In the days since the ending of The United Methodist General Conference, I have been reading analyses and Facebooks posts, and Twitter tweets. A long-time acquaintance of mine wrote that he was glad the United Methodist Church was staying “biblical” by which he meant we had not changed our current language on homosexuality or marriage.  People are passionate about being biblical, though I am not sure that they always grasp what a complex idea that is.  Others wrote about The United Methodist Church being bigoted.  People are passionate for inclusion.  I am passionate for inclusion.  I also recognize how complicated that conversation is globally, when in many African countries even discussing human sexuality is legally problematic.  Now may be the time for we United Methodists to be passionate about thoughtfulness, and thoughtful about passion.

But there are also questions for each of us in all this.  Is part of the long-term decline of well-established Christian churches our failure to be passionate, to share how being a follower of Jesus Christ makes us feel more alive?  Have we sometimes failed to have a little fire of the Spirit?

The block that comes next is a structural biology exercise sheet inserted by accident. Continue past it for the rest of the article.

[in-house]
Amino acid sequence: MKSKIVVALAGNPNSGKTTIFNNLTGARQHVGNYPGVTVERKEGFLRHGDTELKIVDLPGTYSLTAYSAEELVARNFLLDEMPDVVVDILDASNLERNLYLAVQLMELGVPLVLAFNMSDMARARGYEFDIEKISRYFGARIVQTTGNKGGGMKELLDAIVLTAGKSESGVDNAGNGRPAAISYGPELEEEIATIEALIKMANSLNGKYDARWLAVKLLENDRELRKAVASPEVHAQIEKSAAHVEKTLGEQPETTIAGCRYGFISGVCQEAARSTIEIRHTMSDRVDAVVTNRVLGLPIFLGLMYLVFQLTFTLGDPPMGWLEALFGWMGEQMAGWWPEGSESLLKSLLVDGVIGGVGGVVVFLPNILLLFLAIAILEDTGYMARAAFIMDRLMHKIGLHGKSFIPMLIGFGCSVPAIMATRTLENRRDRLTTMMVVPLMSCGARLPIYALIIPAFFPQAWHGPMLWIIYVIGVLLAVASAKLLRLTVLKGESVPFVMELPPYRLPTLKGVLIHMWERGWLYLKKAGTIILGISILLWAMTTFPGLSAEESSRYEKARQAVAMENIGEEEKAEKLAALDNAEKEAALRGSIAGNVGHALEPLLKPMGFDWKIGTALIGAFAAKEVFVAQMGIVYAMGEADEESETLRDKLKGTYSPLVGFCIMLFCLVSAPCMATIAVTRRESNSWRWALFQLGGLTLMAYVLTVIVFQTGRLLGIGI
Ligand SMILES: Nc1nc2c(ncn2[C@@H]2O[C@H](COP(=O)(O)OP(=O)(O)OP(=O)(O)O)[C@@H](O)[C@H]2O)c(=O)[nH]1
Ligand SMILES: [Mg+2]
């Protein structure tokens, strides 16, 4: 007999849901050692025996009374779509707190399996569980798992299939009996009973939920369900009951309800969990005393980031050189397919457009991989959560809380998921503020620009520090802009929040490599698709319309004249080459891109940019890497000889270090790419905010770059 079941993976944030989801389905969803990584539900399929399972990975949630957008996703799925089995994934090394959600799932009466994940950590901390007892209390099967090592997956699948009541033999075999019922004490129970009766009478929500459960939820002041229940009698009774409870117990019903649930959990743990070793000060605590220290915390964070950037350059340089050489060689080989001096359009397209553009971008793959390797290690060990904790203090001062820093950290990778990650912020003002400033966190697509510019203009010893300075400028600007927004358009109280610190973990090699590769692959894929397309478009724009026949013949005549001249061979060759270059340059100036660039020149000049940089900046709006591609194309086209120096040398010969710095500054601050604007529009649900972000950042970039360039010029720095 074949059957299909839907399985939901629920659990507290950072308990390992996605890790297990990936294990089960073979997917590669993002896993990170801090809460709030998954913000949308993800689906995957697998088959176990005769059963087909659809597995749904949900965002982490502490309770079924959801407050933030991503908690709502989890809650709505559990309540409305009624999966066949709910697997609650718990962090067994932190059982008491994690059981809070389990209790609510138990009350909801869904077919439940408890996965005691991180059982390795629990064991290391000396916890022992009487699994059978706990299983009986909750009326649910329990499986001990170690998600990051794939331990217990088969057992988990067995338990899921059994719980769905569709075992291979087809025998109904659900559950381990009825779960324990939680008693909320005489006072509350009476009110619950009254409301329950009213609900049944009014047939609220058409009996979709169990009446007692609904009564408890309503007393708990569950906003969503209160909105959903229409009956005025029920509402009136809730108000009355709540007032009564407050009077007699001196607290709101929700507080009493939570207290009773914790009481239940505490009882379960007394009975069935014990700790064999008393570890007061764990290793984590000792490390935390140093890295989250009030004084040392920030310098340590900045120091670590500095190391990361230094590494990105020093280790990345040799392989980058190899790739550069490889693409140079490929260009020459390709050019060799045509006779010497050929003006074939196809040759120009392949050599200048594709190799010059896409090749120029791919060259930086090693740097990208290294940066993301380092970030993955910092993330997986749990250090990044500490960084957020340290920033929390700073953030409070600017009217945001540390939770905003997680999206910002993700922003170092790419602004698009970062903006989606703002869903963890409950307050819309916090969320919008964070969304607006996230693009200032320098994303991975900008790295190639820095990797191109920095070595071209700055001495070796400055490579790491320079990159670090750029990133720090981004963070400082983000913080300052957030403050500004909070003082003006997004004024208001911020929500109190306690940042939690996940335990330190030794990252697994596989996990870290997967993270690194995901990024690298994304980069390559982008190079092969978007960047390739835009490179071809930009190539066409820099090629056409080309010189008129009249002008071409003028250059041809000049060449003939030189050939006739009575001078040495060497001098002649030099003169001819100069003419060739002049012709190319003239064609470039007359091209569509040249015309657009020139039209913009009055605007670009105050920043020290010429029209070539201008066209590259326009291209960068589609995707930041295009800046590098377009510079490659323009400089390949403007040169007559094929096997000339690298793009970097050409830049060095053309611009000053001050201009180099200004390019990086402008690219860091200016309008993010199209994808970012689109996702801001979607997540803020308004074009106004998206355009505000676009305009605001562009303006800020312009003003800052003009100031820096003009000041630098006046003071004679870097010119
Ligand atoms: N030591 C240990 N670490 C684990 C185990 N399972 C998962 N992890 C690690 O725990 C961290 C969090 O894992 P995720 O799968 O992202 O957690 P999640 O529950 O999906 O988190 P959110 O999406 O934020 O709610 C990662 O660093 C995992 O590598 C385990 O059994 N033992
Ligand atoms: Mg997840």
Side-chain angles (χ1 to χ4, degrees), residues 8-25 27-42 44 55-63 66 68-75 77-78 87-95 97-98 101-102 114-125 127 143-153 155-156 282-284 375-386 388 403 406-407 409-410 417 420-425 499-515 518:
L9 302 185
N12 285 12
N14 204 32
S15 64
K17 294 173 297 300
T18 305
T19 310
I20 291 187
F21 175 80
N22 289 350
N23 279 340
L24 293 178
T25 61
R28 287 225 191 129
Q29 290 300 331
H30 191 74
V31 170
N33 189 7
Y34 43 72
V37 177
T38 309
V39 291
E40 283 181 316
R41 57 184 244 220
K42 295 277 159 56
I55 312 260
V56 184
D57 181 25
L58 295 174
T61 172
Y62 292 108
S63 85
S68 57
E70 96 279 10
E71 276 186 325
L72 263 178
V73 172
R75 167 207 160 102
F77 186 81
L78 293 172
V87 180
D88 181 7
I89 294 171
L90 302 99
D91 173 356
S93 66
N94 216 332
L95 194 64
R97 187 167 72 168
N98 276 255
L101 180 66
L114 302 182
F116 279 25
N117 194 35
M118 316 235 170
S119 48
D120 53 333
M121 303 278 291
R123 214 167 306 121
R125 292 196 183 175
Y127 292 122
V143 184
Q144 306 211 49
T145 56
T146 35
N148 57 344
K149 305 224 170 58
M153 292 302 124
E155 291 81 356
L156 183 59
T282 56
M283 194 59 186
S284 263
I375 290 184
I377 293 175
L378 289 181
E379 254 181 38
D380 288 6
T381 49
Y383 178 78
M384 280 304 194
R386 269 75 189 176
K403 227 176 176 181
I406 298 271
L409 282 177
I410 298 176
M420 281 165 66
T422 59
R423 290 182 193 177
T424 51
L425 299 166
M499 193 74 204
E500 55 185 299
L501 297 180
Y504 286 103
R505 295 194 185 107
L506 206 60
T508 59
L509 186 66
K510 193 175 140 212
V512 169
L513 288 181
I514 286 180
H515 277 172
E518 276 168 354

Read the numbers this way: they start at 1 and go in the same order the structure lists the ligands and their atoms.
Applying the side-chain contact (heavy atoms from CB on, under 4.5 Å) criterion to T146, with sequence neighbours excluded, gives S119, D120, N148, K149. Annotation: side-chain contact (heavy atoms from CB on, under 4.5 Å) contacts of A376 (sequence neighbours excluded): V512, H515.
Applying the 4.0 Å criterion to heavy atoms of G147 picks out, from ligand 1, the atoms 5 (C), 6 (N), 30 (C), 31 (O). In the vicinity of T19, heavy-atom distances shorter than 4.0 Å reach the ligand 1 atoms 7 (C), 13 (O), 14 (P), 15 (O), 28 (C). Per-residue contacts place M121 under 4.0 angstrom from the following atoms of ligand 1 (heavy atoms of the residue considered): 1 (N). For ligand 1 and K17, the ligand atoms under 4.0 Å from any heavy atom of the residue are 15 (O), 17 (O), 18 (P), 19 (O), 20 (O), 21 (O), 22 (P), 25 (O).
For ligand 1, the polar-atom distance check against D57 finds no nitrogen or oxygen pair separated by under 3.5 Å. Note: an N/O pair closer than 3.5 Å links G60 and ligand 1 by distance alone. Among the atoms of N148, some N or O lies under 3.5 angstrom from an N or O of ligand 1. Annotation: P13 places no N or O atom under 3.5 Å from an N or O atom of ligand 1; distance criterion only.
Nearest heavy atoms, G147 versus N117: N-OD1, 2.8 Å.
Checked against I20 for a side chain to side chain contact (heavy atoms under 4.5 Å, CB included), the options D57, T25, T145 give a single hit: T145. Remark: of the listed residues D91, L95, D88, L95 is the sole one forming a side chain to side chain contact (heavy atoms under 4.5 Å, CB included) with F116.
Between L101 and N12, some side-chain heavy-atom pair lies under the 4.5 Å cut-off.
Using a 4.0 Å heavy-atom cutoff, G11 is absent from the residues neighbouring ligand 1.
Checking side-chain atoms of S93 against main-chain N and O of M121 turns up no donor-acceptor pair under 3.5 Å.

What are you passionate about in being a Christian, a follower of Jesus Christ, a disciple of Jesus?  What are you passionate about in being here at this church, about being part of this community of love and forgiveness, this community that is guided by the teaching and unconditional love of Jesus and that aspires to live as faithful disciples of Jesus Christ?  How are you balancing thoughtfulness and passion?  How are you staying aflame in a world that often pours the waters of cynicism even on thoughtful religious passion?

The questions are meant for each of us, but also for all of us, together.  May God send a little fire of God’s Spirit into our lives and into our lives together – to rekindle our hearts and souls, to help us feel more alive, and to reignite our deepest thinking.  Amen.